Anna D'Agostino: I find the digital product passport an innovative contribution of the Regulation, but I think its function is rather to make producers comply with the said ecodesign requirements and to facilitate market surveillance. This tool can improve access to information for various actors across the lifecycle, including repairers, recyclers, and waste handlers. But it could also help manufacturers improve their procurement strategies to design better products by increasing transparency and traceability, gaining visibility of the complex value chain, identifying suppliers and actors down to raw material suppliers, and proactively engaging with them to prevent and mitigate environmental and social risks. 

Turning to your question, I do not know to what extent consumers will use the digital product passport when making purchasing decisions. However, it could prove very useful in the use phase, for instance, when trying to access repair instructions or spare parts.

Given the increasing number of EU rules already requiring disclosure of information on sustainability, is there a risk that the information requirements stipulated under the ESPR could lead to information overload for consumers, leading to confusion rather than informed decisions?

Anna D'Agostino: The risk of information overload is always around the corner, and many studies have by now shown this phenomenon, which we can all relate to. The questions are: what is the function of information at all, and what is that of informing about sustainability aspects? Do they aim to achieve a similar goal? In the ESPR, the main information duty is the digital product passport, which we discussed earlier. But there are also other old and new provisions, such as the Consumer Rights Directive, recently amended by the Directive on empowering consumers for the green transition (ECGTD), which now requires, among other things, information at the point of sale on the availability of software updates. The Directive on common rules promoting the repair of goods also creates new information rights for consumers on the repair. If all this information will prove to be ineffective and counterproductive, I do not have a personal conclusion. Empirical studies on how the information requirements of the ESPR and these new legislations affect consumer behaviour may shed more light on what really happens.

Apple is reportedly starting to pay $500 million over claims for deliberately slowing down certain iPhones. There are also allegations that Apple products have been difficult to repair since 2017 due to the software that allows Apple to control the products even after they have been sold. To what extent do you think the ESPR will be able to prevent such alleged practices in the future?

Anna D'Agostino: Hopefully, requirements on product durability, upgradeability, and repairability will prevent practices that make repair difficult and discourage manufacturers from designing their products in such a way as to render them prematurely obsolete. In this last regard, the effectiveness of the Regulation in countering such practices may be enhanced by synergy with other legal developments, such as the ECGT Directive, which amends the list of prohibited practices in Annex I of the Unfair Commercial Practices Directive by adding several practices related to premature obsolescence.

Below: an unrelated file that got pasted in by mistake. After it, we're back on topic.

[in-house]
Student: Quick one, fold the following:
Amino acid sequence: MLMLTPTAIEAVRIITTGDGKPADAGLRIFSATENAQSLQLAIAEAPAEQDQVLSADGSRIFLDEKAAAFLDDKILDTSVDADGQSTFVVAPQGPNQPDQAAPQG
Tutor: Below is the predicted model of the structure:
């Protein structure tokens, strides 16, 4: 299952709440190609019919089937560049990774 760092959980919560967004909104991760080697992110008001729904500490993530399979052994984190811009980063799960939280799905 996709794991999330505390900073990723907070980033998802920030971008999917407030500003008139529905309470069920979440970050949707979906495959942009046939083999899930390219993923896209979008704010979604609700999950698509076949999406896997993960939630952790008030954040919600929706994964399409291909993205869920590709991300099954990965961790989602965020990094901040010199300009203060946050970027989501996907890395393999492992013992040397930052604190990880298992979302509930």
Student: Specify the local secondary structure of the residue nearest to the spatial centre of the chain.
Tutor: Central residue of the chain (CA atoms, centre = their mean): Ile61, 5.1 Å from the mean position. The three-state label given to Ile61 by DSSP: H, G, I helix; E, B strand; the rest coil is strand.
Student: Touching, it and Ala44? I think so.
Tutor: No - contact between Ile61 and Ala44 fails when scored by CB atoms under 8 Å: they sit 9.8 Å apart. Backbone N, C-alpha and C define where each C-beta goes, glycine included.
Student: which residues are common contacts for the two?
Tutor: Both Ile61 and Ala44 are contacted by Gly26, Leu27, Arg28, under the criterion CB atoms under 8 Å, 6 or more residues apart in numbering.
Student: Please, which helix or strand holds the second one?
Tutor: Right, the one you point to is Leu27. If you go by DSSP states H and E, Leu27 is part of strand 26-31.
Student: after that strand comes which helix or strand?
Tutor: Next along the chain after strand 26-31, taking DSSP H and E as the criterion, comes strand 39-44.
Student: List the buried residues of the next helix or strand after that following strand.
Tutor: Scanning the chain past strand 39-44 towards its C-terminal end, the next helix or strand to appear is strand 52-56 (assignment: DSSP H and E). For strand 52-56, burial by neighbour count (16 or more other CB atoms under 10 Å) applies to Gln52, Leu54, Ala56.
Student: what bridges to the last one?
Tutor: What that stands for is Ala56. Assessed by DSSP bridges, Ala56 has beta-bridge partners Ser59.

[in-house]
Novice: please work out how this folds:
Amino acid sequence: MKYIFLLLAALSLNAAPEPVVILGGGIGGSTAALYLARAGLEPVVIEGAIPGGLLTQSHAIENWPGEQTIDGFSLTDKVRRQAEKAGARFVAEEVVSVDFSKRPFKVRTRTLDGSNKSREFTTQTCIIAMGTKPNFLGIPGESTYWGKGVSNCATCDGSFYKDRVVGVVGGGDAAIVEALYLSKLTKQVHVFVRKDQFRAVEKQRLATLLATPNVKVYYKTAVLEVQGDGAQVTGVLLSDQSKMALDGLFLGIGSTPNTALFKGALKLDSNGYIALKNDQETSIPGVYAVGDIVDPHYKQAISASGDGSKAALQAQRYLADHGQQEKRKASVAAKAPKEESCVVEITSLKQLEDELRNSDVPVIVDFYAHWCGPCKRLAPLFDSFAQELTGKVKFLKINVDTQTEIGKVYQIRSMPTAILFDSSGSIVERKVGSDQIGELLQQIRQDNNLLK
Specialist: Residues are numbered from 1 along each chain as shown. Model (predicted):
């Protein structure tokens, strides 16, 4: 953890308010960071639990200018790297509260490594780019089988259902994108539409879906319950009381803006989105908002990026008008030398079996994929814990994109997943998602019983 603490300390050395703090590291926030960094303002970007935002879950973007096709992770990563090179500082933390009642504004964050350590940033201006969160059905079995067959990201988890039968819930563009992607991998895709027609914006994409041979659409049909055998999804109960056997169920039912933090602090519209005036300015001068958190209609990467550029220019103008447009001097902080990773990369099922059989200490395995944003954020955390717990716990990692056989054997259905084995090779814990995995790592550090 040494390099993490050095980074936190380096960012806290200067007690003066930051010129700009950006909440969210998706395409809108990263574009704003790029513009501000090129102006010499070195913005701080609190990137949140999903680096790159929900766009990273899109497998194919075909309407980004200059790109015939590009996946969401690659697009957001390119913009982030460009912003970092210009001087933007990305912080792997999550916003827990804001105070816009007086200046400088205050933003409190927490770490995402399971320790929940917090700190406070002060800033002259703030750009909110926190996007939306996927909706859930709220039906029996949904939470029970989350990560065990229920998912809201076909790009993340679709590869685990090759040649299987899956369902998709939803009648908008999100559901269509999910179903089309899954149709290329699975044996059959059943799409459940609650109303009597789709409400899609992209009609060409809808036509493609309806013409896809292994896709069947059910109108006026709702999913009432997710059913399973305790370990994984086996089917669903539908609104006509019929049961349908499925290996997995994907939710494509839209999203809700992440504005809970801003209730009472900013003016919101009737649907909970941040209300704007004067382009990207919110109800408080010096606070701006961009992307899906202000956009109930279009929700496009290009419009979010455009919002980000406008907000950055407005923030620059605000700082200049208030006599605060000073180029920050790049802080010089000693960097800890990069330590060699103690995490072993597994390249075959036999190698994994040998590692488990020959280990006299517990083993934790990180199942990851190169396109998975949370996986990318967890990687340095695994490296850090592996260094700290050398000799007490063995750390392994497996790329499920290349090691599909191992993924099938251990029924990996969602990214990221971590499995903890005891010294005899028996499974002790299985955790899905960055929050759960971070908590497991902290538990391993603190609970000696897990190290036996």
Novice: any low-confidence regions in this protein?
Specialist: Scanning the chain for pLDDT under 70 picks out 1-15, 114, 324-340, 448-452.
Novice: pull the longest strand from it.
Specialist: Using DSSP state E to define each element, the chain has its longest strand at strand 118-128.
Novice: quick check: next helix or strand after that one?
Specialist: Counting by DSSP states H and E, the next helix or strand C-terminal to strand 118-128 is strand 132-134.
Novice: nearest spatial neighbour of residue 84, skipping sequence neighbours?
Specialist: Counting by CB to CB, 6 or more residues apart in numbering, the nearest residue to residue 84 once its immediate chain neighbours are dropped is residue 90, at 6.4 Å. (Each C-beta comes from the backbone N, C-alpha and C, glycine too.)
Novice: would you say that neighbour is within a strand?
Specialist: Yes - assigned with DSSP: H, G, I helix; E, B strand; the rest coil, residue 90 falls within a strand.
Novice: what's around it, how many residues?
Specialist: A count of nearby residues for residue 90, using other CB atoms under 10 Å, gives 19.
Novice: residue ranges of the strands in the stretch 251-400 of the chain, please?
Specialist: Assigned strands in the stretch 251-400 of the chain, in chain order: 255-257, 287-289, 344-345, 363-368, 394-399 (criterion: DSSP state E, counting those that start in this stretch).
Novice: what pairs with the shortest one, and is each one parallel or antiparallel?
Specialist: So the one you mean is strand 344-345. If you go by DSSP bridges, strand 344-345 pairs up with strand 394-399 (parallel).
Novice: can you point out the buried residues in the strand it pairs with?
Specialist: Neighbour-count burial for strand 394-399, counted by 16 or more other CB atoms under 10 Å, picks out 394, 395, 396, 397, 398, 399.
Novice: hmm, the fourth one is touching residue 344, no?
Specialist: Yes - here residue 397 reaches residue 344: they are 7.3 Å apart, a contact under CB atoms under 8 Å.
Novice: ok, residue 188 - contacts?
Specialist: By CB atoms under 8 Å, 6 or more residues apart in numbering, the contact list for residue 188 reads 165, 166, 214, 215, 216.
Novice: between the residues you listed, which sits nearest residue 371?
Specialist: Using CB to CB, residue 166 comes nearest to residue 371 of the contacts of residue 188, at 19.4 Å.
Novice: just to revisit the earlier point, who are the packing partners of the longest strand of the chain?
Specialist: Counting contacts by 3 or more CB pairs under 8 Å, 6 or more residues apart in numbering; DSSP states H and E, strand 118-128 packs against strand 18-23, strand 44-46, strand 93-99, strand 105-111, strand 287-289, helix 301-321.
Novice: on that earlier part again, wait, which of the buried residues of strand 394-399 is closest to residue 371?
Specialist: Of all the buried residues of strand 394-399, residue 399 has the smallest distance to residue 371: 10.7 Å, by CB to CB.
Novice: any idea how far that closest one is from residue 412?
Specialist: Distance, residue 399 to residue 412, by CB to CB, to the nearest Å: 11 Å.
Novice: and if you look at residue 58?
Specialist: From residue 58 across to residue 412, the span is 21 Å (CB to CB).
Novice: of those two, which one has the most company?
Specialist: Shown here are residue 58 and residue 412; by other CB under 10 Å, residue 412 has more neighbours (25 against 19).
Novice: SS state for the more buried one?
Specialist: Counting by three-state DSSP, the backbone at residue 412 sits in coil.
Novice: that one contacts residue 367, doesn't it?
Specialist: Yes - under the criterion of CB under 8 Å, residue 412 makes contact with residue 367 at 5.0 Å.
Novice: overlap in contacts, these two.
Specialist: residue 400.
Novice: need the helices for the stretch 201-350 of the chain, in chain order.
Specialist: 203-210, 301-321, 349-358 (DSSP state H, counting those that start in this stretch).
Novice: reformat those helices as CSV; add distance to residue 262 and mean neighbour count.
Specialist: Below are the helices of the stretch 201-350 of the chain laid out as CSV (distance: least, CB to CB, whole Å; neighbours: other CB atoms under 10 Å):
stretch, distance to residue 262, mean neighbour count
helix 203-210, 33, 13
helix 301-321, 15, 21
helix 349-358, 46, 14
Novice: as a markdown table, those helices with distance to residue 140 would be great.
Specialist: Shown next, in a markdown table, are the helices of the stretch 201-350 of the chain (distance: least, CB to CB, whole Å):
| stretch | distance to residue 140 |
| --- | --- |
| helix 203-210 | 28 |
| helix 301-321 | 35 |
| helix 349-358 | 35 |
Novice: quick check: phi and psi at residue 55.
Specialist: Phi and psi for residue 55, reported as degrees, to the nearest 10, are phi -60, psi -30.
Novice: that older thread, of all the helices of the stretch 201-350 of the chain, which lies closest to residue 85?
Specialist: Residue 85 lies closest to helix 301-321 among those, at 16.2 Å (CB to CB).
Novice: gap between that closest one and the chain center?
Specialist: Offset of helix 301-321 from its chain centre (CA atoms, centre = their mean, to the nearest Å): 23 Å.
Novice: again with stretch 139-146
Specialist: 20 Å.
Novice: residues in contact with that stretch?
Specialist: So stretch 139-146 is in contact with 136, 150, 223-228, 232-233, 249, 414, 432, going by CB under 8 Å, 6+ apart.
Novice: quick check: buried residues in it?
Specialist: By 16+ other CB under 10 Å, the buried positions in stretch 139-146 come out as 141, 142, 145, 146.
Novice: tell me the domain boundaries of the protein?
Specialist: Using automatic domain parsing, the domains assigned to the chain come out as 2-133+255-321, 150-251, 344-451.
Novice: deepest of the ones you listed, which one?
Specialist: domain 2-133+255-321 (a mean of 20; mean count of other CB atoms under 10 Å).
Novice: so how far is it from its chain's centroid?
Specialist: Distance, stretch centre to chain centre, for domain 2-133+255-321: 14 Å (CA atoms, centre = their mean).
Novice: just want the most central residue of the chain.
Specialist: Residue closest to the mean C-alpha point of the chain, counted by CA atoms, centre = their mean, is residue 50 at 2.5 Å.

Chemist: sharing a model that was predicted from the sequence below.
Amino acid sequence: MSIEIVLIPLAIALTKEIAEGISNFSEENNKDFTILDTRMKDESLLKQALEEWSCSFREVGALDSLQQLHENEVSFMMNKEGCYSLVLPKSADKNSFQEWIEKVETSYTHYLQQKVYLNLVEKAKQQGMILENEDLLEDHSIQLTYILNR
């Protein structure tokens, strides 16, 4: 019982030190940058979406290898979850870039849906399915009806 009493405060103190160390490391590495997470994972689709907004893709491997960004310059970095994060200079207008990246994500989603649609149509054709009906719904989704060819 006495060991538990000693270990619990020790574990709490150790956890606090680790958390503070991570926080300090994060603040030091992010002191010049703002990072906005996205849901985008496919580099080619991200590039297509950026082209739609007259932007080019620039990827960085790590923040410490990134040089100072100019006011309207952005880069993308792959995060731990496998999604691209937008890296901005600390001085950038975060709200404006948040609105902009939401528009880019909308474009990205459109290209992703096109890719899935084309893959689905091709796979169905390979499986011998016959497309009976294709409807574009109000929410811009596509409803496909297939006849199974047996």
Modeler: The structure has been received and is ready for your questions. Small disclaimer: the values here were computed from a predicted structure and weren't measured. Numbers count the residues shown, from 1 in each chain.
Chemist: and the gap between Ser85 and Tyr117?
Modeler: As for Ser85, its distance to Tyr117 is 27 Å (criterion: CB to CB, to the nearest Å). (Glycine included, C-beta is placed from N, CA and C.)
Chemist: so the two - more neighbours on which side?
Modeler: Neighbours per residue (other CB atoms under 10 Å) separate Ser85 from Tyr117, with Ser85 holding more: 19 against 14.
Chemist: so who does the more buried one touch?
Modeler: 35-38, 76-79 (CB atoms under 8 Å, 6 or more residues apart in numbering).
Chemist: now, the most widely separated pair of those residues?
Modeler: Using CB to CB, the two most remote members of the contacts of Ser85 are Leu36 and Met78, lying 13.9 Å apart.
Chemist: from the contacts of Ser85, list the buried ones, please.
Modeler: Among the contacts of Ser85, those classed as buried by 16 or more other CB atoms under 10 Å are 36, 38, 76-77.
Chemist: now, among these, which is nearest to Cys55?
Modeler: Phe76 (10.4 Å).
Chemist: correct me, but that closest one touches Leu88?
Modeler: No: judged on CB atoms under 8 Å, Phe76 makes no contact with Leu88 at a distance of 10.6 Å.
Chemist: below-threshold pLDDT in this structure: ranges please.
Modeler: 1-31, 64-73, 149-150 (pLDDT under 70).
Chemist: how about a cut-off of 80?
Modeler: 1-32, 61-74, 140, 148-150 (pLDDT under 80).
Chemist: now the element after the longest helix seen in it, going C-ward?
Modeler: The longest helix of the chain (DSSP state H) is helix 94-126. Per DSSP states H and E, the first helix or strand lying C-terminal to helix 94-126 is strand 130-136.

Although consumers say that the durability of the product they buy plays an important role in their decision-making, do you think this aligns with actual consumer habits? Do consumers use the product they buy as much as they can?

Anna D'Agostino: As it is posed, this question resonates with one of my research questions: if sustainable products become the norm, will sustainable practices, such as reuse and repair, also become the norm? If products that break easily and become obsolete prematurely have certainly contributed to our fast consumption pace, products designed to last longer could help us slow down and reduce our consumption patterns. I think it is early to know, and it is always tempting to think that legal innovation can accelerate social change, in this case towards, sustainability. However, there is potential for improvement in our current practices, and I see reasons to be hopeful.

I often hear that ‘sustainable laws’ tend to motivate consumers who are already concerned about sustainability but not others. We could be more hopeful than that, as the law can help change our institutions, market, and social structures. This is my personal drive to do this research. I think it is possible that laws, such as the ESPR, can have an impact on our relationship with products, on what we consider acceptable consumption pattern, and on some narratives we have internalised. Some practices, such as reuse and exchange, are already widespread, say, in families and in communities. With products that are designed to last longer, these practices could become more possible, familiar, and thus normalised. 

Ideally, product design may not only allow us to rethink our relationship with products towards greater care and maintenance but also enable more social interactions. If we recognise more value in what we have, we may be more inclined not only to reuse it, but also to donate it or exchange it with someone who might need it, instead of cramming it or throwing it away. This could help us achieve greater ecological sustainability, but also create more social glue in our ‘social networks’. Perhaps these networks would be strengthened or new ones would be created in which these sustainable practices are the new norm.